Bar owners have mixed feelings. The owner of Northern Soul, a neighborhood bar in Hoboken, decided this year to only allow their neighbors and regular customers inside during LepreCon on March 4.

“We have a clientele of regulars, local artists, musicians, a bit of an older crowd,” says the manager, Donal Maguire, a Hoboken resident who has lived in Ireland and Scotland. “They have nowhere to go. On parade day we used to get involved. With no parade, the bars get kids from out of town just going crazy.” He adds: “It used to be a day to celebrate St. Patrick, not to dress up like a Leprechaun.”

“These bar crawls are good for most businesses in town. But I can also understand the flip side,” says restaurant owner David Carney, one of the founders of the Hoboken Hospitality Association.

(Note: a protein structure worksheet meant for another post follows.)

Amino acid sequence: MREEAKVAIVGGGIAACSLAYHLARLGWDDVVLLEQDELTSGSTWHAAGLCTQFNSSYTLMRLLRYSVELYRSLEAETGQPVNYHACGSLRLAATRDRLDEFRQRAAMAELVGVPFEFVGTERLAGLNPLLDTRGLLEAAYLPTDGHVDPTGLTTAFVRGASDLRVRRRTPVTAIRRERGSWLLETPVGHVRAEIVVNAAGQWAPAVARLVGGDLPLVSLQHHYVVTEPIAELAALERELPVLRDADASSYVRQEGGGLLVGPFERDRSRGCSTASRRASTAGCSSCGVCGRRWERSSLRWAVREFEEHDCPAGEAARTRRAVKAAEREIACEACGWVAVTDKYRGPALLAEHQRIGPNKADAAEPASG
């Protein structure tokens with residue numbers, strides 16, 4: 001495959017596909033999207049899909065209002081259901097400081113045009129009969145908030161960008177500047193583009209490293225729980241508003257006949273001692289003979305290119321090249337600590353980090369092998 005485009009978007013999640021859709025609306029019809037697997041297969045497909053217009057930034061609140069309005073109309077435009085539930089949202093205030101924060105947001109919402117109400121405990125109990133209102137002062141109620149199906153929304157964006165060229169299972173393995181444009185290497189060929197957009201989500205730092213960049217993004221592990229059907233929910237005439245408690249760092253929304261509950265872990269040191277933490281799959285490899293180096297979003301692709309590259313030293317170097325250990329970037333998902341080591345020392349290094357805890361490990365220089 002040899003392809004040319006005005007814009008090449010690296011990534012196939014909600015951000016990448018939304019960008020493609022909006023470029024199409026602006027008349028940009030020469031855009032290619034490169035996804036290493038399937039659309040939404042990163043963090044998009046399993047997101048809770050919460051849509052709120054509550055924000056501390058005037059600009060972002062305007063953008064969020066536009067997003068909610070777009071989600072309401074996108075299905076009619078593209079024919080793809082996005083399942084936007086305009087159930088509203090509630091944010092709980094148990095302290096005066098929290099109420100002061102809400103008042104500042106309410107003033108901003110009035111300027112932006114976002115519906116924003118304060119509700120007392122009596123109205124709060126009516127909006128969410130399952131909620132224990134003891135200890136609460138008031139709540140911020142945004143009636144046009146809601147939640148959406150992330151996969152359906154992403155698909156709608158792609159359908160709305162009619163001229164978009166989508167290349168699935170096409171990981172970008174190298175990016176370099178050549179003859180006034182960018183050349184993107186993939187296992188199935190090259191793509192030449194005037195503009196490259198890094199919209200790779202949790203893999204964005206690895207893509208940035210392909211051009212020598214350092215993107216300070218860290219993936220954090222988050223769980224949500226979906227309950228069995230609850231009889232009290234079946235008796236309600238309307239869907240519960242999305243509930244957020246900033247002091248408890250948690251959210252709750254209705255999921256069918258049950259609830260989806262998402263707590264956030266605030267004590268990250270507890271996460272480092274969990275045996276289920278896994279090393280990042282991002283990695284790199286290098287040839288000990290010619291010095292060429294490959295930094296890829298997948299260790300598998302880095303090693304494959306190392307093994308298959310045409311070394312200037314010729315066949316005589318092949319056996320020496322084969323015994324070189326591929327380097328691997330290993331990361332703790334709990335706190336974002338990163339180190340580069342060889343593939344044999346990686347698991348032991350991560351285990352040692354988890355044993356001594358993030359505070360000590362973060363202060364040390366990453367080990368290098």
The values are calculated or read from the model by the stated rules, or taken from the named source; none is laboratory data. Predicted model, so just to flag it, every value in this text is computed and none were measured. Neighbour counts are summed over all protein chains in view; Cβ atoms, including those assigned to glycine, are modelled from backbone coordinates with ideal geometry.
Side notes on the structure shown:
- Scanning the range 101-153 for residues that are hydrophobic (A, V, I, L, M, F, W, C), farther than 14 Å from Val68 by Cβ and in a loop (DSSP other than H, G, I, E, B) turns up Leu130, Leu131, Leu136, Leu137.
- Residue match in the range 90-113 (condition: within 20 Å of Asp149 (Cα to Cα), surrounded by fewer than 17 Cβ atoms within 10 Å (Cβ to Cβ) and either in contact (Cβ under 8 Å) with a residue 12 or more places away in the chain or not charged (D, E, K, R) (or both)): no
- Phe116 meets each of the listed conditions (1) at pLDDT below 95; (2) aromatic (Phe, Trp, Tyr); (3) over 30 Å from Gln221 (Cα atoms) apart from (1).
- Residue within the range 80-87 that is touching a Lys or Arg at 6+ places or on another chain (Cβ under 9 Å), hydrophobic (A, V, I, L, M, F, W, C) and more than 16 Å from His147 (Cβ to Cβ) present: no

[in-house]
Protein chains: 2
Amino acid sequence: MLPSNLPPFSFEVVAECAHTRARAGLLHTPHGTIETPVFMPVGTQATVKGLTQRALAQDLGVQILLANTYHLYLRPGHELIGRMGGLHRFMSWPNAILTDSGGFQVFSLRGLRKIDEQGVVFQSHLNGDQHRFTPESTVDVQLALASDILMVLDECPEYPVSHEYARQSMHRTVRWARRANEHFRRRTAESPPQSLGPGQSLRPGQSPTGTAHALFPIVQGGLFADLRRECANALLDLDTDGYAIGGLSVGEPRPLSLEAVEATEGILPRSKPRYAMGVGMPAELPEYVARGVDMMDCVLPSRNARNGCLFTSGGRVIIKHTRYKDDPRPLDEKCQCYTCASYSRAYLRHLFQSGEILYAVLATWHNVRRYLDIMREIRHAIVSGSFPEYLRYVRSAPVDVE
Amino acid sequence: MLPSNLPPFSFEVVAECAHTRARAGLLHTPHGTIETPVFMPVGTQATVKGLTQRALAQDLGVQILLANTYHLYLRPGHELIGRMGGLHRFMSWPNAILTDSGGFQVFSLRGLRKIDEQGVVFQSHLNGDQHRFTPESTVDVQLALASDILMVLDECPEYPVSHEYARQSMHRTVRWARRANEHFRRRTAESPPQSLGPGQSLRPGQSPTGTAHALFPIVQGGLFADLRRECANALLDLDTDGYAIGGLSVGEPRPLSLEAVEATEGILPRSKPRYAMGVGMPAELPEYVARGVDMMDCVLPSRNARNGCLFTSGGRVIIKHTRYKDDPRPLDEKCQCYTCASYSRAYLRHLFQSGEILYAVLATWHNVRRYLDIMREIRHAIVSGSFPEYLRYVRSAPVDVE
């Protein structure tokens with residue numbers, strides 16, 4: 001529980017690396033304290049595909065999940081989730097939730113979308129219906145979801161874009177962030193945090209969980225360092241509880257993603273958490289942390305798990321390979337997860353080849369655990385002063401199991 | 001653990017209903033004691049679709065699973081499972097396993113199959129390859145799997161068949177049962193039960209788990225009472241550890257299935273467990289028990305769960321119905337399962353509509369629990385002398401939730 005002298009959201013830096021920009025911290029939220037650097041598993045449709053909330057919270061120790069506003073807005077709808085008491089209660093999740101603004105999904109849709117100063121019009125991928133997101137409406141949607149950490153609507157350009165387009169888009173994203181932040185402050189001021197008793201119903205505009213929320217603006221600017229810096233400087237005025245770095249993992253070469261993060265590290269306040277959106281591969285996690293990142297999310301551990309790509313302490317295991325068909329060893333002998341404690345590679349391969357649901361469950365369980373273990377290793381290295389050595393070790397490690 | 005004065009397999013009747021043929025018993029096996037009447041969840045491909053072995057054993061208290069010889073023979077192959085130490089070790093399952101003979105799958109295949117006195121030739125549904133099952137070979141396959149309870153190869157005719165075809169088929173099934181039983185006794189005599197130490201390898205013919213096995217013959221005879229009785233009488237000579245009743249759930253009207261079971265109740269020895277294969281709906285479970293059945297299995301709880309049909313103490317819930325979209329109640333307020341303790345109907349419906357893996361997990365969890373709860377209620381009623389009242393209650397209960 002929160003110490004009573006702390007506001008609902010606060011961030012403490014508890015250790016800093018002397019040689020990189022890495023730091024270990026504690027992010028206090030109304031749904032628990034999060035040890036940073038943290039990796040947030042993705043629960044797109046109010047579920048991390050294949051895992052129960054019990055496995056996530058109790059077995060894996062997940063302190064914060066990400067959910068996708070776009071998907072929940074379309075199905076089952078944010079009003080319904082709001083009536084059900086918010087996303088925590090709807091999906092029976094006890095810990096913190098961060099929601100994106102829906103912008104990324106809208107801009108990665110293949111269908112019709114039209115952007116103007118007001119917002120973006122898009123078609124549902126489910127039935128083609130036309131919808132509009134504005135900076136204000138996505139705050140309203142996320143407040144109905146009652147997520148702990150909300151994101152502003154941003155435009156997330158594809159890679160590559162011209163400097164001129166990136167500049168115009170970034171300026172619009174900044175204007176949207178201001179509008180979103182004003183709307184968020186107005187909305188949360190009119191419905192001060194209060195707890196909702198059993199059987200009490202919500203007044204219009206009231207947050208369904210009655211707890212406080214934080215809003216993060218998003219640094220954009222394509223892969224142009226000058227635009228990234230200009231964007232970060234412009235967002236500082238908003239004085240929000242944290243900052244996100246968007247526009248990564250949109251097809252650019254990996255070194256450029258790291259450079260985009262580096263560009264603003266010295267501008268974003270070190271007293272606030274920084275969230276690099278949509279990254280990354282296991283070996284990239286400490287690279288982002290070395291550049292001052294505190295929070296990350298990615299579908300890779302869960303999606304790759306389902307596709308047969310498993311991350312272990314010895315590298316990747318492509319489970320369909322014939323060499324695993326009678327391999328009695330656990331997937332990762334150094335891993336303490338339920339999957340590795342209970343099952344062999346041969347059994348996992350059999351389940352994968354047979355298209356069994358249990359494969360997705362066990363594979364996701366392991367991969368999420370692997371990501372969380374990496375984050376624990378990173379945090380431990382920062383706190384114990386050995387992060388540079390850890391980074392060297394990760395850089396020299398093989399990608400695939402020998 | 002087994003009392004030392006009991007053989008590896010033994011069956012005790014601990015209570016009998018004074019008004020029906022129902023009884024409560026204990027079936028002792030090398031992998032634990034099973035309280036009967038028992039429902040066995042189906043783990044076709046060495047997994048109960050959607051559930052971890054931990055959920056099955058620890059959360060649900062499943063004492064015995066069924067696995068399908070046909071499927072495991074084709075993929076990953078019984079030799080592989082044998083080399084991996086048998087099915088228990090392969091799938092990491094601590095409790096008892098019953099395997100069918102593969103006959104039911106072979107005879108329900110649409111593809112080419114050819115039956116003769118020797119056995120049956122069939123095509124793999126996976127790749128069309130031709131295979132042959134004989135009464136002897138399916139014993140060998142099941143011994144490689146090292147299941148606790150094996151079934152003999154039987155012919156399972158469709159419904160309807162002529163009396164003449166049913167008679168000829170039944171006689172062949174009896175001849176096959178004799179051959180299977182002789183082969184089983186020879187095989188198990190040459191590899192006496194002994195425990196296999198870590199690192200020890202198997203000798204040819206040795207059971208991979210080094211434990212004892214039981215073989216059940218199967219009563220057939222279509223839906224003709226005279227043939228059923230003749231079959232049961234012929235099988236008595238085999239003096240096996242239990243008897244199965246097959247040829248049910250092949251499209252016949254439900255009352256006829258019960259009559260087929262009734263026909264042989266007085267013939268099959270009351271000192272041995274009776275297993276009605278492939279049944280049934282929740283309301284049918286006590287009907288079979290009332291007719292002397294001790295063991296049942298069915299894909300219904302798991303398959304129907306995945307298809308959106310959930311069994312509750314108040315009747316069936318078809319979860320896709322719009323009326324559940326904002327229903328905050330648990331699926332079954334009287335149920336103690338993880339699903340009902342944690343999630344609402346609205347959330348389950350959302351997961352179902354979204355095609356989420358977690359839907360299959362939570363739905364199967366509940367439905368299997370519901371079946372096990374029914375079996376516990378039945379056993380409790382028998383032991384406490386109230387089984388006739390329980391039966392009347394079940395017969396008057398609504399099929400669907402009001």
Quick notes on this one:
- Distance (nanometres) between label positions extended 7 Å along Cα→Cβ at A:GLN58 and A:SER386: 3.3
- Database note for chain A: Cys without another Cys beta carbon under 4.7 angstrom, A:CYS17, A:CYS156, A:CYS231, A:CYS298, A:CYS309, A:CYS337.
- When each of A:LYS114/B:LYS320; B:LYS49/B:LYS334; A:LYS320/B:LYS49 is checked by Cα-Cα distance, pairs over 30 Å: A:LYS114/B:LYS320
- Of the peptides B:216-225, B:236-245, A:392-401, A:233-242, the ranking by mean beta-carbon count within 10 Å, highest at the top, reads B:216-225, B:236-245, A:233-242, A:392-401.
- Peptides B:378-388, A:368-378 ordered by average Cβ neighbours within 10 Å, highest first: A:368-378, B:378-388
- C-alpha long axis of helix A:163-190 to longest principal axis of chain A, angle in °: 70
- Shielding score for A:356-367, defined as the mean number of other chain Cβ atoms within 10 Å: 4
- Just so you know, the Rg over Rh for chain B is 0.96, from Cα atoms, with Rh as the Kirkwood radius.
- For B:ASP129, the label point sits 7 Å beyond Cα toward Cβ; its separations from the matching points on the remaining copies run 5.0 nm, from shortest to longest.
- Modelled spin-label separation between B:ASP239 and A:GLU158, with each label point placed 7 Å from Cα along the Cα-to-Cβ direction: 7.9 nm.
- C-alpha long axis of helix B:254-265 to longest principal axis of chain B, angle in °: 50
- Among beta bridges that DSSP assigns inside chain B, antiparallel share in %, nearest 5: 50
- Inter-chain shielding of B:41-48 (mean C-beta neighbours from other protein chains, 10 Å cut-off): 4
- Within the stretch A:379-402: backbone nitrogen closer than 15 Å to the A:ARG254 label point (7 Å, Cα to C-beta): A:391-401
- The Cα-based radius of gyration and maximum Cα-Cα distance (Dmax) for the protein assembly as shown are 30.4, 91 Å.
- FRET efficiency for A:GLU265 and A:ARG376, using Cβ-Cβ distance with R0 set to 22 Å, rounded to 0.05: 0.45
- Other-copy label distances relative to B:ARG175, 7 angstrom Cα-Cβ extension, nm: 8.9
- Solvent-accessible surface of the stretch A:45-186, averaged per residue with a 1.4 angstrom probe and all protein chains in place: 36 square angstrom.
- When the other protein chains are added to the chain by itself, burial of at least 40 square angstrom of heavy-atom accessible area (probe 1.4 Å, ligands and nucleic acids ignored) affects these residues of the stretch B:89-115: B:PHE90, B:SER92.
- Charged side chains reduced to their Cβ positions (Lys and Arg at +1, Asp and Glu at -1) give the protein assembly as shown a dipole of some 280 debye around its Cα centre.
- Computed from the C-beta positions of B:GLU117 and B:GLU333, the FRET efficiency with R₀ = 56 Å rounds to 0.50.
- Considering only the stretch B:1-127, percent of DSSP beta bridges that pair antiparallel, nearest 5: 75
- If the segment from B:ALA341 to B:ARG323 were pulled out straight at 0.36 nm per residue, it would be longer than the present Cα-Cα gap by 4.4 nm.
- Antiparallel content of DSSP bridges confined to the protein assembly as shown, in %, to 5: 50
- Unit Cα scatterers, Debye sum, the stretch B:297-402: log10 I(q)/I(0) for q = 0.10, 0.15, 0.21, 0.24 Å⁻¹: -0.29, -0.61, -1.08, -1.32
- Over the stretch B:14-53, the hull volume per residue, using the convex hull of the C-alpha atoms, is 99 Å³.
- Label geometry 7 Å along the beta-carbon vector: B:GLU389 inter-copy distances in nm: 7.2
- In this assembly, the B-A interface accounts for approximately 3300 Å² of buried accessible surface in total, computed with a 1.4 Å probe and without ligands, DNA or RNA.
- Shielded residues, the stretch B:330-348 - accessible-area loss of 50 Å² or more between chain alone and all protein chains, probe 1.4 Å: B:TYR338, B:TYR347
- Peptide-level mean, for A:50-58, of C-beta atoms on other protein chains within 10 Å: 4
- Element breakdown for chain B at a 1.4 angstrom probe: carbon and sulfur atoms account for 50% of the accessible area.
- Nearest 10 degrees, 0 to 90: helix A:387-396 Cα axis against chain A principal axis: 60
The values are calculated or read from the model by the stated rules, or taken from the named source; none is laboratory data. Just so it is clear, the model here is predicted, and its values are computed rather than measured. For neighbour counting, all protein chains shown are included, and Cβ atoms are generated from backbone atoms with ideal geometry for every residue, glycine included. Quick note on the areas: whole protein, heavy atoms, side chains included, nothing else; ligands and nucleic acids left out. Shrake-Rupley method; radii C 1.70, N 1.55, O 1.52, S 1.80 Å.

Jack Silbert, a Hoboken resident for 23 years, said he used to enjoy the “charm” of the parade. Nowadays, he has a new tradition for LepreCon weekend. “If at all possible,” he says, “I leave town on Friday night and don't return until Sunday, so I can miss the entire thing."